Imprisoned women activists betray real Saudi 'vision'

Imprisoned women activists betray real Saudi 'vision'
Comment: Until male guardianship is abolished, lifting the driving ban amounts to little more than a cosmetic rebranding effort, writes Sarah Al-Otaibi.
6 min read
01 Aug, 2018
Male guardians still control key decisions in women's lives in Saudi Arabia [AFP]
Those who have been following Saudi Arabia over the past several months have likely encountered a slew of sensational headlines regarding recent women's rights reforms in the Kingdom - most notably, the lift of the long-standing driving ban on women on 24 June.

Vogue Arabia marked the occasion with "A Celebration of Trailblazing Saudi Women". "Saudi Arabia woman celebrated end of driving ban with rap video," The Daily Mail reported. Aseel al-Hamad "made a further breakthrough for Saudi Arabian women" by being the first to drive a Formula One car, said The Guardian. Women in the Gulf appear to be breaking all sorts of barriers lately. The sky might as well be the limit, as they can now train to be air traffic controllers.

Accompanying such coverage comes praise for Crown Prince Mohammed bin Salman (MbS) and his 'Vision 2030'. Former UK foreign secretary Boris Johnson described the future monarch as "a reformer who deserves [Britain's] support" and went so far as to suggest that a female Saudi prime minister could be around the corner, never mind that such an office does not exist in KSA.

A desert kingdom empowering its long-oppressed female citizenry, finally allowing them to take the wheel, all thanks to the efforts of a thirty-two-year-old, forward- thinking, reformist crown prince. It's a neat, cheery picture - but one that masks a harsh reality.

Twelve major women's rights activists - all of whom at some point called for the driving ban to be lifted - have been detained in an ongoing wave of arrests  that began this past May.

Stories of female 'firsts' involve well-off elites and have no bearing on the vast majority of women

Prominent figures include Loujain al-Hathloul, Eman al-Nafjan, Hatoon al-Fassi, and as of this Monday, Samar Badawi and Nassima al-Sadah.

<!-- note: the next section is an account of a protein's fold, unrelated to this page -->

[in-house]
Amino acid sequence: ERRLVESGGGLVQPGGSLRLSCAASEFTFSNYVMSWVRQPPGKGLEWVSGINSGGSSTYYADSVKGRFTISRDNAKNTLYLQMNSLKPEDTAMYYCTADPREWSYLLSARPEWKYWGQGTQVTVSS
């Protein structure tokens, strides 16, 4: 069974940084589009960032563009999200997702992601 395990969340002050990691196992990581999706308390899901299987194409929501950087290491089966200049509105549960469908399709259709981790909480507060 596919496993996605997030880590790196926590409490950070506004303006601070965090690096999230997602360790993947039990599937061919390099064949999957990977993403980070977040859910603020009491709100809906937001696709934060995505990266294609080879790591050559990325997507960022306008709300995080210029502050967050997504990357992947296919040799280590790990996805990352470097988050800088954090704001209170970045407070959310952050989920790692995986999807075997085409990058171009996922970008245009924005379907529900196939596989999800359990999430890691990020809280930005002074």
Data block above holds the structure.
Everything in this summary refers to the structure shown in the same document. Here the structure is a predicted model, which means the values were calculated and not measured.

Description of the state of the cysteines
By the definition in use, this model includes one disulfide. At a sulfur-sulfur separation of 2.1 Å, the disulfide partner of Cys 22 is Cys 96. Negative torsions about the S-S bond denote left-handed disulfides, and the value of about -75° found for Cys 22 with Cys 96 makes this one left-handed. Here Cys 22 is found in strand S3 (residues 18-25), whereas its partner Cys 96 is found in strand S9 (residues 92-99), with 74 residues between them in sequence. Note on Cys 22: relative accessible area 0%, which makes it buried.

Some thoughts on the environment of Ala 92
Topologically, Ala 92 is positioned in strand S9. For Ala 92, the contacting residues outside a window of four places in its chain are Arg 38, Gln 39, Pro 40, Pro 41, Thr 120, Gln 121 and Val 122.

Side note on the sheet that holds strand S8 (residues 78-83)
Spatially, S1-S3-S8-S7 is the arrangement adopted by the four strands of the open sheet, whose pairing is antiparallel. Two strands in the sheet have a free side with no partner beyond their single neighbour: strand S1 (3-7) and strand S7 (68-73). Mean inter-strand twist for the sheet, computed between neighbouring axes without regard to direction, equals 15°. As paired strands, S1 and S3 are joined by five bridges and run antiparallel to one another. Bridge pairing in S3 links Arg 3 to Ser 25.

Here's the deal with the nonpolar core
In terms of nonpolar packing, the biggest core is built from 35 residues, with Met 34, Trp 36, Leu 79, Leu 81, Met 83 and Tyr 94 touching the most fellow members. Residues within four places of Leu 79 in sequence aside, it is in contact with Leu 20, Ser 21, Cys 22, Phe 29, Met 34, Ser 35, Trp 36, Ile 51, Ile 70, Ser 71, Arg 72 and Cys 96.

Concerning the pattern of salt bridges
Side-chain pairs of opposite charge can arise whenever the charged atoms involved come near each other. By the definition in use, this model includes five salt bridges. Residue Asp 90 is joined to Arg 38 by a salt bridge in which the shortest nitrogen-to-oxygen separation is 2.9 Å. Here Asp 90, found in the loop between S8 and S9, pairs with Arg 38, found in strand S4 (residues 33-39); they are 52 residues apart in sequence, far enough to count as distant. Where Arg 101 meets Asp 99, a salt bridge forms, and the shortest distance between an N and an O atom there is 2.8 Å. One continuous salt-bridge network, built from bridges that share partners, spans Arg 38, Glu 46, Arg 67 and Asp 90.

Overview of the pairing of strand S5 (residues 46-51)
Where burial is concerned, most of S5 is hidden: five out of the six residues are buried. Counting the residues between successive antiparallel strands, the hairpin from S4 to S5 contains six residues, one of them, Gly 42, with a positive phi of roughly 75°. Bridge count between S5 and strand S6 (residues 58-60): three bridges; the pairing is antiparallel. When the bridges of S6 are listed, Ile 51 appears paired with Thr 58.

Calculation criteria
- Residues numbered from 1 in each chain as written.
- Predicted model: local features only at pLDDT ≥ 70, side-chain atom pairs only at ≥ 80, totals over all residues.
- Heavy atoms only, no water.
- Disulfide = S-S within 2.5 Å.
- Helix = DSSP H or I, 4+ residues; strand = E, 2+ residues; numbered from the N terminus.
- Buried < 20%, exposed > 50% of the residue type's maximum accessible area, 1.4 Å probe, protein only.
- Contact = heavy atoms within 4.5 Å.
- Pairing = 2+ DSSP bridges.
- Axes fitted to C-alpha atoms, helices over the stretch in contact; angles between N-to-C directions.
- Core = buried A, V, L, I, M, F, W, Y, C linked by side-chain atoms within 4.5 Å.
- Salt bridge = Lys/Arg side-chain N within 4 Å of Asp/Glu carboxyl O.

Amnesty International and Women's March took up the activists' plight, creating a hashtag campaign to #FreeSaudiActivists and launching a petition pressing the UN to intervene.

Of course, this does not account for those arrested prior to the current crackdown who had voiced the same demands, like blogger Raif Badawi.

The irony was not lost on Badawi's wife Ensaf, who remarked from her husband's Twitter handle: "Congratulations, but remember that an innocent man has been in prison for more than six years for the crime of fighting for a woman's right to drive."

Regrettably, Vision 2030 does not include a provision for Badawi's release, nor that of any other long-held activist.

But the detention of high-profile individuals alone does not fully capture how these 'reforms' affect the average Saudi woman. Aside from the fact that stories of female 'firsts' involve well-off elites and have no bearing on the vast majority of women, hyping the lift of the driving ban as the beginning of a new era fails to account for a major obstacle: Male guardianship.

The system of male guardianship codified in Saudi law dictates that women must obtain permission from a male relative - a husband, father, brother or uncle - for even the most mundane of tasks, including journeying outside of one's home.

This effectively means that though the right to drive now exists in a de jure sense, male guardians are still able to forbid their women from driving for any reason. Women's rights in Saudi Arabia remain subject to male approval.

Dismantling the guardianship system does not seem to be an item on the 2030 agenda.